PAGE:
the opportunity to combine together and have more than 6000 stores. it would be having one he 5 billion euros worth of company value if you add the two together. this is a company that could start building presents particularly in the united states where there are some stores. manus: keep your eye on the bond markets. german government bond yields are -- you're looking at .66%. the yields were a smidge abundant -- above zero. and the bond markets are the laggards. bonds are selling off again.
mark: a big factor when it comes to a company like elian's -- all ianz. outflows continuing at pimco. it is slowing. when will it be inflows? he says we are probably seeing waves of market distortion. anna: we had a increase in german bond yields. and good numbers in the sense they have turned more for profit. right to say that fuel helped quite a lot. who knows where that new runway is going to be built? she welcomed the new government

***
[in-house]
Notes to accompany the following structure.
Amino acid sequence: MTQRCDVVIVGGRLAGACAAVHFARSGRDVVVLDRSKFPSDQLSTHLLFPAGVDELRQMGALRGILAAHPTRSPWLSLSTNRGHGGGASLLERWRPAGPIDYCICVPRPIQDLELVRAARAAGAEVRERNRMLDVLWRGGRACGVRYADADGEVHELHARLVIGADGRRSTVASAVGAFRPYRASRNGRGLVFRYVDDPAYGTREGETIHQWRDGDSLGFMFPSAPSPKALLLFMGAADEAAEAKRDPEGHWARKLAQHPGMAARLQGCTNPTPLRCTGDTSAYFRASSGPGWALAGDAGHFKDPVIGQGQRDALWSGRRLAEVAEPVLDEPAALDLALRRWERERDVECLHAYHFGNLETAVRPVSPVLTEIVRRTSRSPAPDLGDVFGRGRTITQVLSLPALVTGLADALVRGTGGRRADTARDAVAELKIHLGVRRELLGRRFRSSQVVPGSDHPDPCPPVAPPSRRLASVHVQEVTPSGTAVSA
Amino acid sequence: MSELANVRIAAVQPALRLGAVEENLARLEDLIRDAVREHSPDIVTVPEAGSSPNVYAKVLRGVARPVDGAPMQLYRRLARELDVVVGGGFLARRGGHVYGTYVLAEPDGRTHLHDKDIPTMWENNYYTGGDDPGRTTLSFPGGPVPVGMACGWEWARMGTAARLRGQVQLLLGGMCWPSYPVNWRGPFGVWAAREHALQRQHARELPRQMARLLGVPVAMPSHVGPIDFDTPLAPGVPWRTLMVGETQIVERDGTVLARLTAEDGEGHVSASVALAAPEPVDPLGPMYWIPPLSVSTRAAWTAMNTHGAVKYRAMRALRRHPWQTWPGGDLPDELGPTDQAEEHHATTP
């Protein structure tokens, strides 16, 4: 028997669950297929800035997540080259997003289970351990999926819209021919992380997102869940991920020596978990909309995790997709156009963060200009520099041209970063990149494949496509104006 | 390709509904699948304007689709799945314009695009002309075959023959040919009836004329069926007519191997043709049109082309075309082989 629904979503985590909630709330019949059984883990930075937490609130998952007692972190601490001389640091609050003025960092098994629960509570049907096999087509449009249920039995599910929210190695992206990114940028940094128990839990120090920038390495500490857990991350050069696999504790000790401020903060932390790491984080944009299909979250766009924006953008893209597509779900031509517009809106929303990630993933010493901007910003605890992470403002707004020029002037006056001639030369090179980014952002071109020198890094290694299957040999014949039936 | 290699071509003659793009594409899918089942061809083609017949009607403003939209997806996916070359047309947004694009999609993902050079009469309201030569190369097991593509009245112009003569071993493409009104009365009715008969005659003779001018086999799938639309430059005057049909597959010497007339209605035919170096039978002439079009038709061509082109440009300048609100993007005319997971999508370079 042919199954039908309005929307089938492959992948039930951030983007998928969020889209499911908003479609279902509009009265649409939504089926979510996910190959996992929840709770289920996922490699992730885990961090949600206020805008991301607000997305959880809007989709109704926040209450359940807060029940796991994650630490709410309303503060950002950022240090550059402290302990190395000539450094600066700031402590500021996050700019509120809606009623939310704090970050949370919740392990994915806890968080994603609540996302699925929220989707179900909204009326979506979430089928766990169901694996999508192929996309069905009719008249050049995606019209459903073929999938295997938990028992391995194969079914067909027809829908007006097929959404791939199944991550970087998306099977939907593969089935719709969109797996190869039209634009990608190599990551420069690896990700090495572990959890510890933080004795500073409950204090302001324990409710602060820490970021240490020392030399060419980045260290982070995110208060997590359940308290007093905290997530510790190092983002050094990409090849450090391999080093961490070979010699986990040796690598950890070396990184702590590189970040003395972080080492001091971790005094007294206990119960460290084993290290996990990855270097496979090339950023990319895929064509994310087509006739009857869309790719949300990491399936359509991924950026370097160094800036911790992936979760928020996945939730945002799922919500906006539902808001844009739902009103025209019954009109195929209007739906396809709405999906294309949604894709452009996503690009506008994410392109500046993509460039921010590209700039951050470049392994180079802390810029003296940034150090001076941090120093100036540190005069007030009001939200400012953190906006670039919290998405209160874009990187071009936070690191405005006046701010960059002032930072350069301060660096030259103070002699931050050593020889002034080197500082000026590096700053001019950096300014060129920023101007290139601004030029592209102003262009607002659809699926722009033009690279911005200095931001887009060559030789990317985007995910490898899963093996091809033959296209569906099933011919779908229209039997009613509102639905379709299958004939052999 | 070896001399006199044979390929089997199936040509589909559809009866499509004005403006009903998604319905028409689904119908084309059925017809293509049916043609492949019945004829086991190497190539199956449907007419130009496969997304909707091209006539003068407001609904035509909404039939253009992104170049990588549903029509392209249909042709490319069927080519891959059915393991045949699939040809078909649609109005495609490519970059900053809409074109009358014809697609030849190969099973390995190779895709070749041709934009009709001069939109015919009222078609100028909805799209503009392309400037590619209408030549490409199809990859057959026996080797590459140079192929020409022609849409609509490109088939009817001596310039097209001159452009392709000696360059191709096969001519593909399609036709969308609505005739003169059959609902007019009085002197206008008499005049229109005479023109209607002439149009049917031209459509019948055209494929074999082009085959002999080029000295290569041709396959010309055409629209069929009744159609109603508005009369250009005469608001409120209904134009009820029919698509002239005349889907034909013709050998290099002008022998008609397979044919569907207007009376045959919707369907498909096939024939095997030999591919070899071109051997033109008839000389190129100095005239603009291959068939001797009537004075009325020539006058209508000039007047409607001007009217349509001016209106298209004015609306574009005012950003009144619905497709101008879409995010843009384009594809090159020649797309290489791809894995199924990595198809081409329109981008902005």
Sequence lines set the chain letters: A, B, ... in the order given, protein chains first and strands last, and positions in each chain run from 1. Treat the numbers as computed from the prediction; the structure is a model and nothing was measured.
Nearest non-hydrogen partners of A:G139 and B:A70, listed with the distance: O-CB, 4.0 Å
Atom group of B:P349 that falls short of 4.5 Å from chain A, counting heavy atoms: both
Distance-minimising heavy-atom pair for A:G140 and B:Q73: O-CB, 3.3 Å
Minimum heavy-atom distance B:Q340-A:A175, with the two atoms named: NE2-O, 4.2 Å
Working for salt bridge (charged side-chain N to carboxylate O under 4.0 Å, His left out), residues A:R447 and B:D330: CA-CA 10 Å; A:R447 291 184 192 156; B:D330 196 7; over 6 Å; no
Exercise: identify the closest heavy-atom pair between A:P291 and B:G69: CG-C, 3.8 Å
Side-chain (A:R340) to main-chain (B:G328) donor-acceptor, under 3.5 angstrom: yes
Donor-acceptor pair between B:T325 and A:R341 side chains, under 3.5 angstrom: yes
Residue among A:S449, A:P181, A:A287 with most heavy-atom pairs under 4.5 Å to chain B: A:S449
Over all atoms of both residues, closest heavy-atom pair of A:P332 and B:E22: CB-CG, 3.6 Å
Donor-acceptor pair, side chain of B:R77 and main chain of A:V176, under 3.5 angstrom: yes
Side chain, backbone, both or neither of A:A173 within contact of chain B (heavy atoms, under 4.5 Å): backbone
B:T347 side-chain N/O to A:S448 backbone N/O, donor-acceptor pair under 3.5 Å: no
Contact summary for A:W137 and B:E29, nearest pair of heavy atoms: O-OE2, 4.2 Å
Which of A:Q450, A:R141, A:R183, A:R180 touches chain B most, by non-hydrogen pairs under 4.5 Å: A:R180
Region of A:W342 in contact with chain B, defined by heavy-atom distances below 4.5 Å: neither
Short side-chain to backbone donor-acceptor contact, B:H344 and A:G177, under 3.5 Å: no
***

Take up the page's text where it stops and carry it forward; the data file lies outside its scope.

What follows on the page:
jonathan: jonathan: welcome to on the move. let's get straight to your morning brief. japanese and australian bonds slump after u.s. treasuries plunge. the yield on third-year -- third yielear bonds rose. creditors -- greece is on course to pay the imf 750 million euros later today. john kerry intends to meet with president vladimir putin for
their first direct talks in two years. a sign of progress the man is actually going to russia. futures lower. ftse 100 futures down by 200 points. deked futures lower by 100 points. bonds falling out of bed. manus: what you have got is german government bond yields rising again. they are 12 times higher than they were when you and i talked about it. the question is when does the bond market rise turn into something much more systemic and much more of a challenge for markets? when will the self-fulfilling prophecy in germany, spain, and italy all begin to feed into a self-fulfilling selloff? the question is how long does it have to